and Bonani Georges, 'A pervasive millennial-scale cycle in North
Atlantic holocene and glacial climates', Science 278, no. 5341
(1997): 1257. http://ruby.fgcu.edu/courses/twimberley/EnviroPhilo/BondPap.pdf

Braun, Holger, Marcus Christl, and Stefan Rahmstorf. 2005.
'Possible solar origin of the 1,470-glacial climate cycle
demonstrated in a coupled model', Nature, Vol 438: pp. 208-11.

Chapront, J. et al.: A new determination of lunar orbital
parameters, precession constant and tidal acceleration from LLR
measurements. In: Astron. Astrophys 387 (2002), pp. 700-709.

Henriksson, Göran The acceleration of the Moon and the universe:
The mass of the graviton. In: Advances in Astrophysics 2 (2017),
issue 3, pp. 184-196. http://www.isaacpub.org/images/PaperPDF/AdAp_100064_2017041816162617572.pdf

Huber, Peter J. and Salvo de Meis: Babylonian eclipse observations
from 750 BC to 1 BC. Trans. by, Mimesis 2004.

Lamb, H.H. 1972. Climate: Present, past and future (London:
Methuen & Co).

McCarthy, Dennis D. and Alice K. Babcock: The length of day since
1656. In: Physics of the Earth and Planetary Interiors, 44 (1986),
pp. 281-292.

Morrison, L.V. and R.W. Stephens: Observations of secular and
decade changes in the Earth's rotation. In. Anny Cazenave (ed):
Earth rotation: Solved and unsolved problems. Springer
Netherlands 2012. pp. 69-78.

Morrison, L.V., and F. Richard Stephenson. 2004. 'Historical
values of the Earth's clock error Delta T and the calculation of
eclipses', Journal for the History of Astronomy, Vol 35: pp.
327-36.

Nautical Almanac Office: The Astronomical Almanac for the year
2014: And Its companion the Astronomical Almanac Online. Trans.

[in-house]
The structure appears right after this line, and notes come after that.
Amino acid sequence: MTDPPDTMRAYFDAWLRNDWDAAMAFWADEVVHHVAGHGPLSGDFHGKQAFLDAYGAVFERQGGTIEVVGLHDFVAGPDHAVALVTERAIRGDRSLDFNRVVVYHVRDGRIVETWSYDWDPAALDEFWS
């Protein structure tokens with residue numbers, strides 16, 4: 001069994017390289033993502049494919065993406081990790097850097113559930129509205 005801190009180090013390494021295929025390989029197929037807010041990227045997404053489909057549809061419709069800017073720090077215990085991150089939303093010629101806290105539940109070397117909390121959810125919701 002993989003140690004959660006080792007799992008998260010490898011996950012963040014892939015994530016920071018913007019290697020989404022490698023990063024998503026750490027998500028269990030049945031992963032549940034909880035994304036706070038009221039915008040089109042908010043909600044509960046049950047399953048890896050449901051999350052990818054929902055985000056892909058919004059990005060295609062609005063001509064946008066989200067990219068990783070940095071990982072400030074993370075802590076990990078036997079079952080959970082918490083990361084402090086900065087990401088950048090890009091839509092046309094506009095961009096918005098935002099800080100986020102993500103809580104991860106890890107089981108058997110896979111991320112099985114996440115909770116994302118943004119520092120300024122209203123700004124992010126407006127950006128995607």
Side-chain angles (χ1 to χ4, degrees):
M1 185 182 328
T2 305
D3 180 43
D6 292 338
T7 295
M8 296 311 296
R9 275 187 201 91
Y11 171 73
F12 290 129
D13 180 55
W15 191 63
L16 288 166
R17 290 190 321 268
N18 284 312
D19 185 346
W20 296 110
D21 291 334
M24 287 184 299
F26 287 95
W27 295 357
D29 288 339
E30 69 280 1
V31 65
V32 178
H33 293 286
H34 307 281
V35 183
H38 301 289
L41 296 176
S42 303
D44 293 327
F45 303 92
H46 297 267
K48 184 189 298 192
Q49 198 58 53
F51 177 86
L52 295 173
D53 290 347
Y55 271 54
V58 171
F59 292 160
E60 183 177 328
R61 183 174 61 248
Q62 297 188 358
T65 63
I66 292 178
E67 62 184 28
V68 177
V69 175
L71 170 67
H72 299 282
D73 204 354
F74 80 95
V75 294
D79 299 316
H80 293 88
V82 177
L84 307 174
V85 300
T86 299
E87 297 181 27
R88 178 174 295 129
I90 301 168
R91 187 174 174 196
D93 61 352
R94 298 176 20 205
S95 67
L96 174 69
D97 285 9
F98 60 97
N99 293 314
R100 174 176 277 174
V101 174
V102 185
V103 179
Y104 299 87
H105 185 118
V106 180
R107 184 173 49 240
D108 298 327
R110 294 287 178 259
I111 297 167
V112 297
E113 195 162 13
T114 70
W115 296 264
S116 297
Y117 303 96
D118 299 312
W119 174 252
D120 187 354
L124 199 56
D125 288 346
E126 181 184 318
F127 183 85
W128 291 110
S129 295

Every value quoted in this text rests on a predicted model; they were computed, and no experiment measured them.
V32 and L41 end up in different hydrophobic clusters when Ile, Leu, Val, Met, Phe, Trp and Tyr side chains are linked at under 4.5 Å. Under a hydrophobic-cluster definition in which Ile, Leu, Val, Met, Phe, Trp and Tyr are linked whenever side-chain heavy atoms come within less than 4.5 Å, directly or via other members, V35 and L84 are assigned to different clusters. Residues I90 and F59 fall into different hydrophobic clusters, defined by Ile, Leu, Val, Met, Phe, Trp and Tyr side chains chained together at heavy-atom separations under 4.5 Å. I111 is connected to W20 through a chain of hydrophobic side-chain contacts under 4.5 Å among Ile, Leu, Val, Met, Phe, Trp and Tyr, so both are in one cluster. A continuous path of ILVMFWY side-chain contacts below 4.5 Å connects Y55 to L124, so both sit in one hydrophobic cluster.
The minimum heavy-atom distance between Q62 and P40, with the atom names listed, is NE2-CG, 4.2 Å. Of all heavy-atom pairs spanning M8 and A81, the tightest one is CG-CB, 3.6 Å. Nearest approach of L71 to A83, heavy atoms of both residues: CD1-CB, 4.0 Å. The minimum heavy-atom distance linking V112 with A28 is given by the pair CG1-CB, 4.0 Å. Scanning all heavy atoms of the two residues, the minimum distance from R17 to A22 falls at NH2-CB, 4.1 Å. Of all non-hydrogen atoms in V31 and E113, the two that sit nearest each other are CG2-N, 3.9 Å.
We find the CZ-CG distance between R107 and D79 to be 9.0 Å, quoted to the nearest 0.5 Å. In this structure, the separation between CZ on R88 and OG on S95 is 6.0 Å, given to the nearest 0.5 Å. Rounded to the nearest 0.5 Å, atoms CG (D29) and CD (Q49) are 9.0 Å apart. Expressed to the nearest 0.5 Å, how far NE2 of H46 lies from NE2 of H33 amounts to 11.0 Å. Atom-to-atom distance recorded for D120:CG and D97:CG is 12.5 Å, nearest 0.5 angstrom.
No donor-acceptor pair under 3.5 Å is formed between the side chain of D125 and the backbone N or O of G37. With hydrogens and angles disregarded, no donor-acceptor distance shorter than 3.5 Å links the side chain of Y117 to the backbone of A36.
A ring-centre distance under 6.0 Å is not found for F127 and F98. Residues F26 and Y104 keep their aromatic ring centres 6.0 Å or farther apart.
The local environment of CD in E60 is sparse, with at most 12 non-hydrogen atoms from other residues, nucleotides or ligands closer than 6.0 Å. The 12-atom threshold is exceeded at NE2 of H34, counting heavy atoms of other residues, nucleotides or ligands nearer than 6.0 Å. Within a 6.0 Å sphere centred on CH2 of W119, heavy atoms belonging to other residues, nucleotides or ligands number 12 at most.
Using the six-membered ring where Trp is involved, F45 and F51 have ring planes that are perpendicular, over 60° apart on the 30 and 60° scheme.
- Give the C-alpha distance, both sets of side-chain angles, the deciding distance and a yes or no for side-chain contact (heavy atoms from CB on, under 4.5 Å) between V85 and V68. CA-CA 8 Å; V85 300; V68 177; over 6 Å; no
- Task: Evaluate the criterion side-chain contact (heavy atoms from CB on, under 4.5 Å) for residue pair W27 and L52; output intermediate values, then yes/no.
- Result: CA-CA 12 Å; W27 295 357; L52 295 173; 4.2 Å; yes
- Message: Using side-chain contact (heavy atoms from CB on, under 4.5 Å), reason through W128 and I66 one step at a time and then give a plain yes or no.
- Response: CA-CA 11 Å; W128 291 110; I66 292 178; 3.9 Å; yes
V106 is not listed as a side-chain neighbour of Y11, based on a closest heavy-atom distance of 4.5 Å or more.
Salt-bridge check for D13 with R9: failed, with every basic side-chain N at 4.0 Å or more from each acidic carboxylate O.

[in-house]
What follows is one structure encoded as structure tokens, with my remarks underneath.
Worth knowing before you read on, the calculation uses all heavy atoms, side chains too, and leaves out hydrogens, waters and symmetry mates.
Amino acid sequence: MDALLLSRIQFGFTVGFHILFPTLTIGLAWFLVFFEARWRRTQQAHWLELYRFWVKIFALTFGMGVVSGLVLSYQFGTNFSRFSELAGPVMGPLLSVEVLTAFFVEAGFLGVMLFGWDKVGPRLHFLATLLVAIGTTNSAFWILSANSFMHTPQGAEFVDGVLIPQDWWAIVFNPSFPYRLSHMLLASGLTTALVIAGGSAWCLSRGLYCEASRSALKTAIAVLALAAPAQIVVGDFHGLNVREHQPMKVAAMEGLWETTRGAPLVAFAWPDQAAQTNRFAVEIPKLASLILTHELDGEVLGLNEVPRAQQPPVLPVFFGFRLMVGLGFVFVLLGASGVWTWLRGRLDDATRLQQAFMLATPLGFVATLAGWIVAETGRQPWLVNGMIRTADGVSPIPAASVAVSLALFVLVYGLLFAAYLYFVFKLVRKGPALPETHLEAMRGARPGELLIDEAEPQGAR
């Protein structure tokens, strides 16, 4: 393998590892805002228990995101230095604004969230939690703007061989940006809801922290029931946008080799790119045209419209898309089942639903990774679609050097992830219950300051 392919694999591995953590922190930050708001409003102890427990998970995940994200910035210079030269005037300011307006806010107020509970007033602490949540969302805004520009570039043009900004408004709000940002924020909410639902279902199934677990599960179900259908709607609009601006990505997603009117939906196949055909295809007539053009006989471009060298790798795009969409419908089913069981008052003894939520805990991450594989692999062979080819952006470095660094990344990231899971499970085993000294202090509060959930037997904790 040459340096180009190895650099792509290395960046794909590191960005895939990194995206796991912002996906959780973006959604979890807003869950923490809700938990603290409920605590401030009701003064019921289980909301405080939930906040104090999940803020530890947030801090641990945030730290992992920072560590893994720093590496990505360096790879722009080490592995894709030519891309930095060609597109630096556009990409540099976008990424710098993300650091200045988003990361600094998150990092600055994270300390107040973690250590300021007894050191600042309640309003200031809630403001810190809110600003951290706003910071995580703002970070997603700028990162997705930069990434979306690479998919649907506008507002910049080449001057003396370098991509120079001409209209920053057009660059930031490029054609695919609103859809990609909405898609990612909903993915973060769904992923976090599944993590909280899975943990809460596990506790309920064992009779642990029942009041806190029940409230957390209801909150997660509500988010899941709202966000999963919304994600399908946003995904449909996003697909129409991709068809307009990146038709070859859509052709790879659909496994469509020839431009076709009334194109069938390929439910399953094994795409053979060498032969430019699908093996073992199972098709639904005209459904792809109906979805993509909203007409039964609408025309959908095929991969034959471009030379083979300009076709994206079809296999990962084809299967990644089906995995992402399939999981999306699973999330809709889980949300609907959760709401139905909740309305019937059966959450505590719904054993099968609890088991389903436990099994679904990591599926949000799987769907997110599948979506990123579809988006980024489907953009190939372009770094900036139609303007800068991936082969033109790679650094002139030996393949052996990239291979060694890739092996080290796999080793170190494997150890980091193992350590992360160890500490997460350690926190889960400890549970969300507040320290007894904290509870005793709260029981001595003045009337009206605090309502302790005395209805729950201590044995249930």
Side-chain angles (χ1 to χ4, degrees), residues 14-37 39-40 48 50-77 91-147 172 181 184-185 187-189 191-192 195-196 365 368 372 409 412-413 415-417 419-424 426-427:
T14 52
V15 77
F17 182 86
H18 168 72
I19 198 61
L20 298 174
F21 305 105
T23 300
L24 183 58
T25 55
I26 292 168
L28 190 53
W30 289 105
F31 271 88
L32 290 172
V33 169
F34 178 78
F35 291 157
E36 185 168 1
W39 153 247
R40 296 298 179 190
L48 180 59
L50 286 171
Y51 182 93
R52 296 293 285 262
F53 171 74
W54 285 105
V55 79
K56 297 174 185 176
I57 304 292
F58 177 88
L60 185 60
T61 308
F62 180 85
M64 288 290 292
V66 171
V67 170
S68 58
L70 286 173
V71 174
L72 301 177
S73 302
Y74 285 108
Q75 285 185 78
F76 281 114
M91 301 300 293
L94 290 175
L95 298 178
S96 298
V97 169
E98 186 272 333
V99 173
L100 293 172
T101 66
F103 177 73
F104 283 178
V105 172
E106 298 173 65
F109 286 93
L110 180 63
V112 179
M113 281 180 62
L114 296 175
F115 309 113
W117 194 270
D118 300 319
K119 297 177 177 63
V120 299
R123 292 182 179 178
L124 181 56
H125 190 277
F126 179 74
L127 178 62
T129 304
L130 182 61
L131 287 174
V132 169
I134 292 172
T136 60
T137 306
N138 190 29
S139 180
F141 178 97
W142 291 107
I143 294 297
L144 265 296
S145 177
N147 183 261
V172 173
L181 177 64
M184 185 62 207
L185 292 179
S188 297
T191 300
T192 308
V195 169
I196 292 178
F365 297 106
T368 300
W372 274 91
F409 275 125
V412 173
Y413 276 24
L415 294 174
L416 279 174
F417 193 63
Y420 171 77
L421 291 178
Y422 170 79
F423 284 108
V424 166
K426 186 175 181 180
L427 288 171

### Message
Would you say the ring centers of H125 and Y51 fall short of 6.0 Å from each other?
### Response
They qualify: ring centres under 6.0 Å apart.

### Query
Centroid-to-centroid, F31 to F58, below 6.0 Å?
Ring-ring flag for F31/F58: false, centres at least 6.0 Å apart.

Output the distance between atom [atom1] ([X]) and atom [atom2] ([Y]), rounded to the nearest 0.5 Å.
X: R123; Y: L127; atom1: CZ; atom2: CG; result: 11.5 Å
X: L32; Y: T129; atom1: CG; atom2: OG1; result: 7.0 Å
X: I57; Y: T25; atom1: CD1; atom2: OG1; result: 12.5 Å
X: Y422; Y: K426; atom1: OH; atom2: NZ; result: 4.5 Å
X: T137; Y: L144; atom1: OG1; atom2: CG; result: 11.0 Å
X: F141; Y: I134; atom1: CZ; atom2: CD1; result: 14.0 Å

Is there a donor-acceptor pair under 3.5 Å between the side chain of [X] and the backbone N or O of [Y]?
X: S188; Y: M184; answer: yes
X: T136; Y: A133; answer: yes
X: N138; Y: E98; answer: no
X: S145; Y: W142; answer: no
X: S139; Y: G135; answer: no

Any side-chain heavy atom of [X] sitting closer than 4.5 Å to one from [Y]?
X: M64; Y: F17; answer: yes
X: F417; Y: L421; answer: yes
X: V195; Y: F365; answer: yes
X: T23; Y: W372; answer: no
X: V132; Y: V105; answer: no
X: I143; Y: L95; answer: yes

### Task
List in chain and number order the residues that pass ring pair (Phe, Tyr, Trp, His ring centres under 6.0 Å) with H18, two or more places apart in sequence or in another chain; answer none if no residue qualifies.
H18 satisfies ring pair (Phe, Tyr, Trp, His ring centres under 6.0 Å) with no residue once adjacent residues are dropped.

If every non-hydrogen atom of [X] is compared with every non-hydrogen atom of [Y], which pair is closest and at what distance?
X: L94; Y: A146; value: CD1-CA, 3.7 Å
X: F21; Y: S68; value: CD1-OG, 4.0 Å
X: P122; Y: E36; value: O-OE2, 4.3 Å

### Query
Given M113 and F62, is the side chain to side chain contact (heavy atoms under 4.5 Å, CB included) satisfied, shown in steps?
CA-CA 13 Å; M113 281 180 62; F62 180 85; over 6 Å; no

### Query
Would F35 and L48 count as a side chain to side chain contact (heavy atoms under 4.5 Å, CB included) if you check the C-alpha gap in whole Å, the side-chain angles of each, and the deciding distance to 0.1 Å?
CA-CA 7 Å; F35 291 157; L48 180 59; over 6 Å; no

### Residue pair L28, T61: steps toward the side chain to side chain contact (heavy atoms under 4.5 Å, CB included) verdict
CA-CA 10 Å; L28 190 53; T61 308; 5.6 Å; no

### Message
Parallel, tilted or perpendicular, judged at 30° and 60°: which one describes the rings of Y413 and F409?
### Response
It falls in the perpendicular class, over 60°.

by, U.S. Government Printing Office 2013.

Pettersson, O. 1914. "Climatic variations in historic and
prehistoric time." in Svenska Hydrografik-Biologiska Kommissions
Skrfiter, Vol 5. Göteborg.

Rahmstorf, Stefan. 2003. 'Timing of abrupt climate change: A
precise clock', Geophysical research letters, Vol 30: pp. 17-1,
17-4.

Reijs, Victor M. M. 2006. 'Determining mean Length of Day and
DeltaT formula', in http://www.archaeocosmology.org/eng/DeltaTeval.htm
[accessed 30 May 2006].

Slutzky, Eugen. 1937. 'The summation of random causes as the
source of cyclic processes ', Econometrica, Vol 5: pp. 105-46.

Stephenson, F. Richard. 1997. Historical eclipses and Earth's
rotation (Cambridge University Press).

Stephenson, F. Richard., Leslie V. Morrison, and Catherine Y.
Hohenkerk. 2016. "Measurement of the
Earth's rotation: 720 BC to AD 2015." in Proceedings of the
Royal society, Vol 472. in http://rspa.royalsocietypublishing.org/content/472/2196/20160404.

The periodic formula published [Stephenson, 2016] compares very well with the earlier derived formula [Reijs, 2006]: there is not that much difference in these parameter values. Reijs gives a possible reason for this periodicity: Dansgaard-Oeschger (DO) warming events.

The periodic formula has also been implemented in Stellarium since 2013. If you want to test the formula (one can use Excel XLA file), let me know.

Major content related changes: May 3, 2006